Issues of race and representation have always preoccupied Marshall. Trained in the 1970s, he carried the social and aesthetic tensions of the time into his practice: to stay or break from the “old master” tradition, to paint figures or abstractions, how and whether to address issues of representation. He would exceed mere technical proficiency, using painting to portray black people and visualize black stories in ways not previously seen in institutional spaces.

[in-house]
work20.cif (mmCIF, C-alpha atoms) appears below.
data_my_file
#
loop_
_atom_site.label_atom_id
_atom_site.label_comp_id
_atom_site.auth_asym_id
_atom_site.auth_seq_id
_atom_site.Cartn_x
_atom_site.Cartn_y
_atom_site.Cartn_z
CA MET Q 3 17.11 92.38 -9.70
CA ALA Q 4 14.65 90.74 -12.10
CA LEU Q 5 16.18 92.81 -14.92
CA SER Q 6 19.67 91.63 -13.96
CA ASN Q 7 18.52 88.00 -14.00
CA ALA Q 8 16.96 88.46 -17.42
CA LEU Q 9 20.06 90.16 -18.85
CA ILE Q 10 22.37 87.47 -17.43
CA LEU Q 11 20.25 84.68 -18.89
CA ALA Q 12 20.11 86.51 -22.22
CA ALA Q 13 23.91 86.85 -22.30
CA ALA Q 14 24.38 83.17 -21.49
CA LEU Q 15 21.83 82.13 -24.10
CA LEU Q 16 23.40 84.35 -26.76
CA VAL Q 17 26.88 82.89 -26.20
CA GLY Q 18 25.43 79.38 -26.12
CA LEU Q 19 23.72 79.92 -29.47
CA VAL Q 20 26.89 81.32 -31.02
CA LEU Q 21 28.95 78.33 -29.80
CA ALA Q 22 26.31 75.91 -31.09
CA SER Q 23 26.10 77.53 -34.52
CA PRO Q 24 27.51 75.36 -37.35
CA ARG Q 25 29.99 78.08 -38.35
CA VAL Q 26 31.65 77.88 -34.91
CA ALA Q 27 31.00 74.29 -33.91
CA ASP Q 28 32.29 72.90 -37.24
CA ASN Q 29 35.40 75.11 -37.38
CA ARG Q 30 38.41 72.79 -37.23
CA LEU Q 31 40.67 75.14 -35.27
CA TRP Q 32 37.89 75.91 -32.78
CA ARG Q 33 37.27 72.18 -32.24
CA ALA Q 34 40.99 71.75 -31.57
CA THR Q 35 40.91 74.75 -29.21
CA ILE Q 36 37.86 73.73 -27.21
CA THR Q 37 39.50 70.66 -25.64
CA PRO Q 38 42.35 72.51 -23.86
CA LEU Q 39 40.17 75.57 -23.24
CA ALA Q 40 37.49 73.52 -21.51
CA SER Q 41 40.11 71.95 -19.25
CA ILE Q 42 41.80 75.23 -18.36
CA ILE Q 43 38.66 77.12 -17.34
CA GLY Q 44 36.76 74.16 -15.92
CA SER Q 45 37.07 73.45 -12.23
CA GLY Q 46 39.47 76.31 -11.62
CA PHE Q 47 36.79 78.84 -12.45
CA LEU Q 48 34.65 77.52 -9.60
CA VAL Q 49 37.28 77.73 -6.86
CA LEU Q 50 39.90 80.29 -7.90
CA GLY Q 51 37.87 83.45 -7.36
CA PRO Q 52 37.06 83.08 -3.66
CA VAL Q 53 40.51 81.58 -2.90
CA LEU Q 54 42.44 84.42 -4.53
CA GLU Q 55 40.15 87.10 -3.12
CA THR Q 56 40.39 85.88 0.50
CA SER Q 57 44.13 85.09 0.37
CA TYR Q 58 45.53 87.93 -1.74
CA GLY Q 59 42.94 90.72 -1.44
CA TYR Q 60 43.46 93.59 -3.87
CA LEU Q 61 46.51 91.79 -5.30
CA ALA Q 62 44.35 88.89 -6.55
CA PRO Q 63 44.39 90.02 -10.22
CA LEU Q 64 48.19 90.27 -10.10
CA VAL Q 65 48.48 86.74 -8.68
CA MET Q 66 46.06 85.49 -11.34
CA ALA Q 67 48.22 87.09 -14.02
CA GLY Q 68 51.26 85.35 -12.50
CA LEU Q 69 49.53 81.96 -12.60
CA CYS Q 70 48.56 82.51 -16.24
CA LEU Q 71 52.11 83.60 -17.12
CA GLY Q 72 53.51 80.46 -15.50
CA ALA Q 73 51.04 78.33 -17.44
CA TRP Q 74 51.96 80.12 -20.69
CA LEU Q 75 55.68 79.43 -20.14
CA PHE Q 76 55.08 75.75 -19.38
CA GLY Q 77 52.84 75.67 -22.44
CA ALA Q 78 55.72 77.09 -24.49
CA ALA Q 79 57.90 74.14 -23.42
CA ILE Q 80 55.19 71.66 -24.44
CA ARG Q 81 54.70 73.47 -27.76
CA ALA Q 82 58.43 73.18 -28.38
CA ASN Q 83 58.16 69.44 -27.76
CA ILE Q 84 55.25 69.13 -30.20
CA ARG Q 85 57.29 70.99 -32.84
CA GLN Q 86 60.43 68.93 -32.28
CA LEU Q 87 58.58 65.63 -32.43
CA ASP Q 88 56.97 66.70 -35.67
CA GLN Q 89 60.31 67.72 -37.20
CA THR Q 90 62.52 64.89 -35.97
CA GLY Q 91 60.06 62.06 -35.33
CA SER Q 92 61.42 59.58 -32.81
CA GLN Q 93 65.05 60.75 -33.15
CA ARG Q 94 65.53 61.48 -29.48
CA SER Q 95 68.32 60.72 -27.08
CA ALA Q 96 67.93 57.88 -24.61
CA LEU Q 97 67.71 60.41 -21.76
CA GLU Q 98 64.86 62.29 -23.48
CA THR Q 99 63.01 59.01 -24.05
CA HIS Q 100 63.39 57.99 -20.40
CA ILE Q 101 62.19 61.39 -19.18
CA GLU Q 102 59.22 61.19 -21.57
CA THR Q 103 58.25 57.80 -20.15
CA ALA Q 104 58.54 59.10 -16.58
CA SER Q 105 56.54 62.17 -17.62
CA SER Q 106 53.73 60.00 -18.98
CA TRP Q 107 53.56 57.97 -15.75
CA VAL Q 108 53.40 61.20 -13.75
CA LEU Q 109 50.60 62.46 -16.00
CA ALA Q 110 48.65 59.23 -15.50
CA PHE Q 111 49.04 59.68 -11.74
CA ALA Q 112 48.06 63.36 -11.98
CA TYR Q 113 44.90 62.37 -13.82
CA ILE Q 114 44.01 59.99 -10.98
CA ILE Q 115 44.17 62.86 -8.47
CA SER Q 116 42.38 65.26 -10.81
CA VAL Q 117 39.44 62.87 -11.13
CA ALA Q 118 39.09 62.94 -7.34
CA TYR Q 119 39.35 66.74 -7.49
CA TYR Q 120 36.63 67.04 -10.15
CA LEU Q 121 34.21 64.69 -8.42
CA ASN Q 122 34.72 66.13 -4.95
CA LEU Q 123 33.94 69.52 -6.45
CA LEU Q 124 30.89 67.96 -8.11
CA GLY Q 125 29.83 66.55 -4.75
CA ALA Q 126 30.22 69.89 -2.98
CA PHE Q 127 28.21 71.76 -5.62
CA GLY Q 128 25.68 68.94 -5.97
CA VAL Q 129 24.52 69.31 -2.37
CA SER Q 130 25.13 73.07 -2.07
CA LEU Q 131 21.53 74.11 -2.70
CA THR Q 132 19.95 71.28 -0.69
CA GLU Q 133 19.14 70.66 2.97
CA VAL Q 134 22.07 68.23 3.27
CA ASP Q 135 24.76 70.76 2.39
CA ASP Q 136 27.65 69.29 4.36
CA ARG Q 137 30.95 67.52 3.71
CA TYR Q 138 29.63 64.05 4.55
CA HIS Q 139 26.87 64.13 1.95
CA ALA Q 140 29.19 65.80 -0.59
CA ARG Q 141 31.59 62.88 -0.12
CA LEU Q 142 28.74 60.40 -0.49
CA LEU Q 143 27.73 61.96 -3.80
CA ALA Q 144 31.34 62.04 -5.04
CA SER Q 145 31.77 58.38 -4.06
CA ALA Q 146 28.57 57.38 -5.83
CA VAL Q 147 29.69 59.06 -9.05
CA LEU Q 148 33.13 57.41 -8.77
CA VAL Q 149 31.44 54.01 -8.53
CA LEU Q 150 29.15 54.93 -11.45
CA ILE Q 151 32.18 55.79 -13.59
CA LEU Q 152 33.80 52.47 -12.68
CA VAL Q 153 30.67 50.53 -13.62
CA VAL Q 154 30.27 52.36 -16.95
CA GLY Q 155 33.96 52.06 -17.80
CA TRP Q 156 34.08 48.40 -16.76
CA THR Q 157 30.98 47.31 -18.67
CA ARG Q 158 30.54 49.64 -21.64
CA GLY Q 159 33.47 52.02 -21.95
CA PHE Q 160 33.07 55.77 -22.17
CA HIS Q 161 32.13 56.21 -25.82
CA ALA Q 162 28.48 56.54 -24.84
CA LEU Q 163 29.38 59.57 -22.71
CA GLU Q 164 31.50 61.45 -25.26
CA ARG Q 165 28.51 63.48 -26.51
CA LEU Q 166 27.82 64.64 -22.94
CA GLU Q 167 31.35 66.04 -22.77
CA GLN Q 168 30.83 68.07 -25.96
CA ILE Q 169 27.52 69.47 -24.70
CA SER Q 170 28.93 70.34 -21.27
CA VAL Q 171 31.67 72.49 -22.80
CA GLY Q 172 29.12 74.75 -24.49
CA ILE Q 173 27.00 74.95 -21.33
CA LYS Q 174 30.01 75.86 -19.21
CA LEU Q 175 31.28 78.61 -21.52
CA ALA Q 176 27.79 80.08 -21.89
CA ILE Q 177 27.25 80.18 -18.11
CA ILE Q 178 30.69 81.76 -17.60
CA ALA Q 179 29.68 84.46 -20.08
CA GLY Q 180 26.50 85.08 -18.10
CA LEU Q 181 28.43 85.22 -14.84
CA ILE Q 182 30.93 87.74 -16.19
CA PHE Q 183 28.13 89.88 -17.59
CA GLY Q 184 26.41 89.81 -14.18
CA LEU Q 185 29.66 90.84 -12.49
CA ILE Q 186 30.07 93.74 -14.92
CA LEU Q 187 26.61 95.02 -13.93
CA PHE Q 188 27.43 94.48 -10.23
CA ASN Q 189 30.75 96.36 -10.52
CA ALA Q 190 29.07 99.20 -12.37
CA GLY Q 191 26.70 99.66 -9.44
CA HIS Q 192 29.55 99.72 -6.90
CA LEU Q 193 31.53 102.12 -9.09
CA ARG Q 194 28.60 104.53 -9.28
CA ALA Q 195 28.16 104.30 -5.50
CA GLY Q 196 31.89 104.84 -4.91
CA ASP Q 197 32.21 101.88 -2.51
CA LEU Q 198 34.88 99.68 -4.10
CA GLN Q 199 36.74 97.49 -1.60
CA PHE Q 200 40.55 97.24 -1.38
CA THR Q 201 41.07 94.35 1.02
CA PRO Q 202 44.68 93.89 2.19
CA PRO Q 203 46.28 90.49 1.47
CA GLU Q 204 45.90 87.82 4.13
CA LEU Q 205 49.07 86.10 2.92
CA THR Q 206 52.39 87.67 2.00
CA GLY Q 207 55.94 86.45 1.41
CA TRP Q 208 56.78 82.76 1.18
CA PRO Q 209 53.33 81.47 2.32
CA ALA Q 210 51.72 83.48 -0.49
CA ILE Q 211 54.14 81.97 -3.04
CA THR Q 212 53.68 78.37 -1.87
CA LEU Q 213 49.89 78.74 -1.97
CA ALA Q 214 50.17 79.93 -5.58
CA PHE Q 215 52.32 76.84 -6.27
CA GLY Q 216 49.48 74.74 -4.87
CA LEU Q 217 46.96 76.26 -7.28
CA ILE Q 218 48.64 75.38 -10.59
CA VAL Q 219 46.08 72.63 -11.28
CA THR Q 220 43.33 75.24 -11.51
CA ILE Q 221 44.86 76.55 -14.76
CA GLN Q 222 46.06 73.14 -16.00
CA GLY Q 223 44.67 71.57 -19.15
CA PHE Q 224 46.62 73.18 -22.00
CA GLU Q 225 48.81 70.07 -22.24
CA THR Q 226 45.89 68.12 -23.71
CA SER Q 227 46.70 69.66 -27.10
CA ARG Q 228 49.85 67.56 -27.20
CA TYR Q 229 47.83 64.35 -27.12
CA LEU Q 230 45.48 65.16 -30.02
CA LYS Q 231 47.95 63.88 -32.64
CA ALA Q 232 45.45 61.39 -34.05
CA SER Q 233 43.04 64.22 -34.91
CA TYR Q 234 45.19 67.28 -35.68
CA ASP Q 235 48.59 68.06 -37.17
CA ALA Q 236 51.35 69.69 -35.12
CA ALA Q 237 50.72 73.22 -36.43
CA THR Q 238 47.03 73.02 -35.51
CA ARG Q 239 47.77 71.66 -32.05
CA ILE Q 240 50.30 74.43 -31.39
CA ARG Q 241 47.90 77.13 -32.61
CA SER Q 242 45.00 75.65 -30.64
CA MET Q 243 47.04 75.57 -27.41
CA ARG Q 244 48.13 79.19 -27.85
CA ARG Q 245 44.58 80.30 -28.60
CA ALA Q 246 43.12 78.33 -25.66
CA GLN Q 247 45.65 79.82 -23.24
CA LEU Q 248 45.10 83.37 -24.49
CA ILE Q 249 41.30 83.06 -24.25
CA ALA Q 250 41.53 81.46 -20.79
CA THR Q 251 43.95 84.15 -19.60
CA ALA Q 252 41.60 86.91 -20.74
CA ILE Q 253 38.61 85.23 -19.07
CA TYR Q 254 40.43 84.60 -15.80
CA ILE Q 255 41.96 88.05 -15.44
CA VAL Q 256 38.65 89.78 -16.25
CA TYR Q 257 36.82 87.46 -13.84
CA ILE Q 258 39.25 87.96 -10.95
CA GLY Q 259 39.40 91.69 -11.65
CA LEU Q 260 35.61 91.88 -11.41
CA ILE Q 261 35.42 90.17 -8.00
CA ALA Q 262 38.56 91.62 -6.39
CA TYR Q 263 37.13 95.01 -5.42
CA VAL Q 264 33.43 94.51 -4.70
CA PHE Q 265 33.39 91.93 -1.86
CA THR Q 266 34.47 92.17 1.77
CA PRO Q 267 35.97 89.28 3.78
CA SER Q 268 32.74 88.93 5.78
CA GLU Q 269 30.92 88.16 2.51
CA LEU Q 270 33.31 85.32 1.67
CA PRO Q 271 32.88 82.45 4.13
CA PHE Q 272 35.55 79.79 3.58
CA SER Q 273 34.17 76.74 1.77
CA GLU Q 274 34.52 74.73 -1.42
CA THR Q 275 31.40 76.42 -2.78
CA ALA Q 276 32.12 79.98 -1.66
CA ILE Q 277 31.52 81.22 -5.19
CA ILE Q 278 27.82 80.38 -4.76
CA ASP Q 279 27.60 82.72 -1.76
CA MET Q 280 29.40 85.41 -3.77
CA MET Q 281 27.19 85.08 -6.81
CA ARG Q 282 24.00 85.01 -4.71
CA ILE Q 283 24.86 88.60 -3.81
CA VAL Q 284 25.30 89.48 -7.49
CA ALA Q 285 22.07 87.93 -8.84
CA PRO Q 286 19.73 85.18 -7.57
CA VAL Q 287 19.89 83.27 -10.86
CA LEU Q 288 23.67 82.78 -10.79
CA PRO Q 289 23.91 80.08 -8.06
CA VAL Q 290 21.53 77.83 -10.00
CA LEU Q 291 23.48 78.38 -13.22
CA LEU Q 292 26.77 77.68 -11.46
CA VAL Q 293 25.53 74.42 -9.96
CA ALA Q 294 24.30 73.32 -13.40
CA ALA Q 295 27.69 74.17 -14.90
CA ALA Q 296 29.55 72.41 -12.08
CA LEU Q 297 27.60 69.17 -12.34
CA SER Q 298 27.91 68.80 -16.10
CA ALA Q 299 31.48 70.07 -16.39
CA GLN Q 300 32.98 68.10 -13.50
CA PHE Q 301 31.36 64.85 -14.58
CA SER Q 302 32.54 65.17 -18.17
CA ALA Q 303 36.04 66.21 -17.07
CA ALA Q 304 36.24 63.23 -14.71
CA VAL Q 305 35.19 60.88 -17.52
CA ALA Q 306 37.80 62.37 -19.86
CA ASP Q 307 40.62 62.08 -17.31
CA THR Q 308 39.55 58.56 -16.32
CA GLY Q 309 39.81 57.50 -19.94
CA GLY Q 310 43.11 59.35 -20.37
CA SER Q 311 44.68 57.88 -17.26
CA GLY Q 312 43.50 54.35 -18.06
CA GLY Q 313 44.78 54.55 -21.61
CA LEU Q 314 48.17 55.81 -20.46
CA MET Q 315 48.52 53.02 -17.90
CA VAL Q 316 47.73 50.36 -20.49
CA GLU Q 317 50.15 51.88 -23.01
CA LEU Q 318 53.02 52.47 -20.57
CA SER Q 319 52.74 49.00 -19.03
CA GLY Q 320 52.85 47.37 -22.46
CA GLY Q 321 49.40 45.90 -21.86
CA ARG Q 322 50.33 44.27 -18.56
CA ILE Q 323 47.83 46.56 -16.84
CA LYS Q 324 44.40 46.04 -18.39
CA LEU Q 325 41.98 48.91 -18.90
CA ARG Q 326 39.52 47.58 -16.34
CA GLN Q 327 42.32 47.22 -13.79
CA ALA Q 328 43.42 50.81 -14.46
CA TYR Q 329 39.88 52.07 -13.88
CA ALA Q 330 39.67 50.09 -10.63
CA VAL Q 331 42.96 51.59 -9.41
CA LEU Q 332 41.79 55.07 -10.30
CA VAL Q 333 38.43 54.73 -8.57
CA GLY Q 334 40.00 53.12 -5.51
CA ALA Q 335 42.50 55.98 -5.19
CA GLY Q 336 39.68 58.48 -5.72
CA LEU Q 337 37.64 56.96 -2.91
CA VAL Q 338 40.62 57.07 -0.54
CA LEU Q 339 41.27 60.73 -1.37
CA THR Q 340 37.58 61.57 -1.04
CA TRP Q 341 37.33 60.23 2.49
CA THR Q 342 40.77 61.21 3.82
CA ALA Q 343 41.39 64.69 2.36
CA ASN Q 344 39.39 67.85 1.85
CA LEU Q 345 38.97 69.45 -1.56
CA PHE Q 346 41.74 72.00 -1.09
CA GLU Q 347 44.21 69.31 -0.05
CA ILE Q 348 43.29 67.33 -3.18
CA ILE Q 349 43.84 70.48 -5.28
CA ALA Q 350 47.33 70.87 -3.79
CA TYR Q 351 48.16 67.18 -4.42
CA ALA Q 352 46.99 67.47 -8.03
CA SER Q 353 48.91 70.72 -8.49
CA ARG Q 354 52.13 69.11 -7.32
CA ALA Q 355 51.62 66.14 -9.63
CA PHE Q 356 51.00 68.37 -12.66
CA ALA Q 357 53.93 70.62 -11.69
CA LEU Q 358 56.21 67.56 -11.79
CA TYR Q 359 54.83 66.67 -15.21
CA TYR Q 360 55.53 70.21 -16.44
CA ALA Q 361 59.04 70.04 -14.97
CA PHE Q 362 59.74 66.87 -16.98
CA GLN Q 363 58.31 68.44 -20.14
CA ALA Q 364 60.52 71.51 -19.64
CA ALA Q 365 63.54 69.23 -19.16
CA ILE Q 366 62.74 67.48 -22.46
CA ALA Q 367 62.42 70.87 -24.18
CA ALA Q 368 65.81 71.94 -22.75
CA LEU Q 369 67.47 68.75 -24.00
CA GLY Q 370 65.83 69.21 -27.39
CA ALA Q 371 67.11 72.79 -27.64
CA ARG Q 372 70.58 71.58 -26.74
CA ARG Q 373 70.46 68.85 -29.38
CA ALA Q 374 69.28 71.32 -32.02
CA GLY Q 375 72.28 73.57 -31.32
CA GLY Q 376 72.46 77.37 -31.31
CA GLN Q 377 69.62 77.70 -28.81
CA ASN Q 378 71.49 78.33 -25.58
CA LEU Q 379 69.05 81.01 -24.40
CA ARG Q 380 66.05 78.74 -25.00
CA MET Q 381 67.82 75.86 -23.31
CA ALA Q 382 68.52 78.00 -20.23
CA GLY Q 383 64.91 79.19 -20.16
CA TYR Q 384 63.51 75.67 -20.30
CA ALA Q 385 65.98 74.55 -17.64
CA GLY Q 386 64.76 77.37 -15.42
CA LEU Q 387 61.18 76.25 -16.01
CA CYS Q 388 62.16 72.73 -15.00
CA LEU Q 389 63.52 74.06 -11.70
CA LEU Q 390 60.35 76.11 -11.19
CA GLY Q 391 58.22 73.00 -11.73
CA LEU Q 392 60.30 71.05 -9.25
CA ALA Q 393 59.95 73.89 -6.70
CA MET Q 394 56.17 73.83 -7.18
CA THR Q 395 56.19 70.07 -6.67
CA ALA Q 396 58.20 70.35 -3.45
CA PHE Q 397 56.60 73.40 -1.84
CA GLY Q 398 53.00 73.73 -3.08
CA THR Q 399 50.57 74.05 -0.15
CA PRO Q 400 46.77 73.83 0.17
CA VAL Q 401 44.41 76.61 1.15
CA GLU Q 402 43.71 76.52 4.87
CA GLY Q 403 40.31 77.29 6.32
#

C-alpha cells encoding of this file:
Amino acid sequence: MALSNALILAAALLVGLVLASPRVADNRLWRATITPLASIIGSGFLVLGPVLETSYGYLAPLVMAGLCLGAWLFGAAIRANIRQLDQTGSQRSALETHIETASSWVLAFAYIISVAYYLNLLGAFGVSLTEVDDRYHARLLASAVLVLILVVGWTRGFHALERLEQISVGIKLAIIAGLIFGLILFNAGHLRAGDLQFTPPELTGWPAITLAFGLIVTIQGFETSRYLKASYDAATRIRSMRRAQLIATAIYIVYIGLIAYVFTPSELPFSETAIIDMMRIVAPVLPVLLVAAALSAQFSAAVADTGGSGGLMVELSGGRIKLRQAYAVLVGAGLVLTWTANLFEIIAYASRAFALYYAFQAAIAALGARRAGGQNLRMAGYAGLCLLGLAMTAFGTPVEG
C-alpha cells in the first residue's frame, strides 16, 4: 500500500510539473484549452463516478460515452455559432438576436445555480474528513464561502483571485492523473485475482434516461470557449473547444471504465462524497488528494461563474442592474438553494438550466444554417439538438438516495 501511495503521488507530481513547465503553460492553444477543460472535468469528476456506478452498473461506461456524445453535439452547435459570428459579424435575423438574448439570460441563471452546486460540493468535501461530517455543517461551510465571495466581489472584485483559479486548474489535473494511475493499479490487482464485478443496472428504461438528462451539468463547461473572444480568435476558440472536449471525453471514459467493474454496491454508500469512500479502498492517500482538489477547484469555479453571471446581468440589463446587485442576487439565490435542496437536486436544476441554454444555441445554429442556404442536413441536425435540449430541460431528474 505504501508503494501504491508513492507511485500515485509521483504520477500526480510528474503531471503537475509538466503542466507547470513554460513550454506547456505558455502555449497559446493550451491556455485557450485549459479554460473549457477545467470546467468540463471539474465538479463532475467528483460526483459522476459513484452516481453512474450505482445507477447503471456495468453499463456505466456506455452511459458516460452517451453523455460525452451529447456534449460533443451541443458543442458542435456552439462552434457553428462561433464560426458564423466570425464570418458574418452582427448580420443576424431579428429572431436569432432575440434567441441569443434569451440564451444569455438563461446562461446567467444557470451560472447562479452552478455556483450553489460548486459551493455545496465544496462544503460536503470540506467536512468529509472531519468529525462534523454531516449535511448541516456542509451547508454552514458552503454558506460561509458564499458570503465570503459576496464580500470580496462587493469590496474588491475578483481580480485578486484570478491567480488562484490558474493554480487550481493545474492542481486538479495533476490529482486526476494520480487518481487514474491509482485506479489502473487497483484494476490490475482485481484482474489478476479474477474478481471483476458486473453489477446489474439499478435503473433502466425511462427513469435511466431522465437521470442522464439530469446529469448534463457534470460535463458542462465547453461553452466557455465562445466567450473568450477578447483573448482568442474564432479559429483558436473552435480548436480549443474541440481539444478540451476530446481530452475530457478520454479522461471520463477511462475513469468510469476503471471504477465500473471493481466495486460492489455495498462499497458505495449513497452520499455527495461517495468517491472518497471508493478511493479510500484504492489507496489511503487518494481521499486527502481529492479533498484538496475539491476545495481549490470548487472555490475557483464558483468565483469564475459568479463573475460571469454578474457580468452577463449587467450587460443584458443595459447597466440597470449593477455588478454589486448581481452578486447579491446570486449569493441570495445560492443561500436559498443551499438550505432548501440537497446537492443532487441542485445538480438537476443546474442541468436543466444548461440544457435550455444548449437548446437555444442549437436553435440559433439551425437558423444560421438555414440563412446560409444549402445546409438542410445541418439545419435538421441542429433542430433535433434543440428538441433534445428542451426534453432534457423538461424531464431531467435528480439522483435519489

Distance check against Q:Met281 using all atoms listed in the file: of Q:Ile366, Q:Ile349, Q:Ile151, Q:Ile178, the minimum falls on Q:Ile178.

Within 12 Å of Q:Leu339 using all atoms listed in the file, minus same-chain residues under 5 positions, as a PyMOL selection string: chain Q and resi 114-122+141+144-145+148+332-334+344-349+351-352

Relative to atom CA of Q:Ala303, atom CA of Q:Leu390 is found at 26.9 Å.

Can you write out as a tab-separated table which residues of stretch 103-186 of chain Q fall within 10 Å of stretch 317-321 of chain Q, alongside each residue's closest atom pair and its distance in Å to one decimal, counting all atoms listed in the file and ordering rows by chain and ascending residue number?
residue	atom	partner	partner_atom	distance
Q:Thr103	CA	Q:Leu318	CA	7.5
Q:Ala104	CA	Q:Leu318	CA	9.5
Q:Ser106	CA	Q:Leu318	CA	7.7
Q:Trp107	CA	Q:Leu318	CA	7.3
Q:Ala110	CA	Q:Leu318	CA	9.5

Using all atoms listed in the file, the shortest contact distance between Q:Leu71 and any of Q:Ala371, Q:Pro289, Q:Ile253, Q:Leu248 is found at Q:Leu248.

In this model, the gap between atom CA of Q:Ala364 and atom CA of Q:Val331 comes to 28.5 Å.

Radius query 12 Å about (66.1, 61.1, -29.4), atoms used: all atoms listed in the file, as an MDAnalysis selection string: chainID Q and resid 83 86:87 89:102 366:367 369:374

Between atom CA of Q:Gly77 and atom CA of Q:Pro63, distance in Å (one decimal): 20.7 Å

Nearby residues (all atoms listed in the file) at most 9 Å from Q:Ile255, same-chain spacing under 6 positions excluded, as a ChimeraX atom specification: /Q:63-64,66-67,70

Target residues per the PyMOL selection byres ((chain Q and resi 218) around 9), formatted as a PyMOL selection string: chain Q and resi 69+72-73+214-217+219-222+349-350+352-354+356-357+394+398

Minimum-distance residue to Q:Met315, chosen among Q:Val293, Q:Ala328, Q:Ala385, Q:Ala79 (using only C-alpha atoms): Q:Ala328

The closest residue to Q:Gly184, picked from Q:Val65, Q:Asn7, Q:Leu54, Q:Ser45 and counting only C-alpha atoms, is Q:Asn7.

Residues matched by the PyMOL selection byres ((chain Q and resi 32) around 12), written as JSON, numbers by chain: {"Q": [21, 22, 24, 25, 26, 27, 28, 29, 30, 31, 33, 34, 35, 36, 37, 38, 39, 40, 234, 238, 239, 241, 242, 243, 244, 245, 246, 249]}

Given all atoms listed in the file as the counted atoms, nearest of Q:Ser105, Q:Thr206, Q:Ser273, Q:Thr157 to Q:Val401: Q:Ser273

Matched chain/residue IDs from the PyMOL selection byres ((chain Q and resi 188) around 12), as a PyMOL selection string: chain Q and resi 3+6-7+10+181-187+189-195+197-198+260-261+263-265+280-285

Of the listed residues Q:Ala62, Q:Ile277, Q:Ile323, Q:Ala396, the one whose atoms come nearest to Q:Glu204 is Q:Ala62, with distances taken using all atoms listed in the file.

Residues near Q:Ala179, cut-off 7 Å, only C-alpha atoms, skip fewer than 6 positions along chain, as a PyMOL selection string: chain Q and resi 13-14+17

Marshall’s critiques of the absence and the presence of African Americans in art remain new, compelling and remarkably consistent because of his deep engagement with the history of painting. He has likened his figures to emblems, and many of his grand works mirror that tradition, employing a banner of text across the top and bottom that underscores an issue of social justice. In “Souvenir I” (1997), an angelic figure with golden glitter wings stares back at the viewer from a room with images of famous Civil Rights icons on a wall with the phrase “We Mourn Our Loss.” Lesser-known leaders and activists form a banner at the top of the frame above the words “In Memory Of,” pointing to the gravity of the sacrifice of those who dared fight for racial justice in the United States.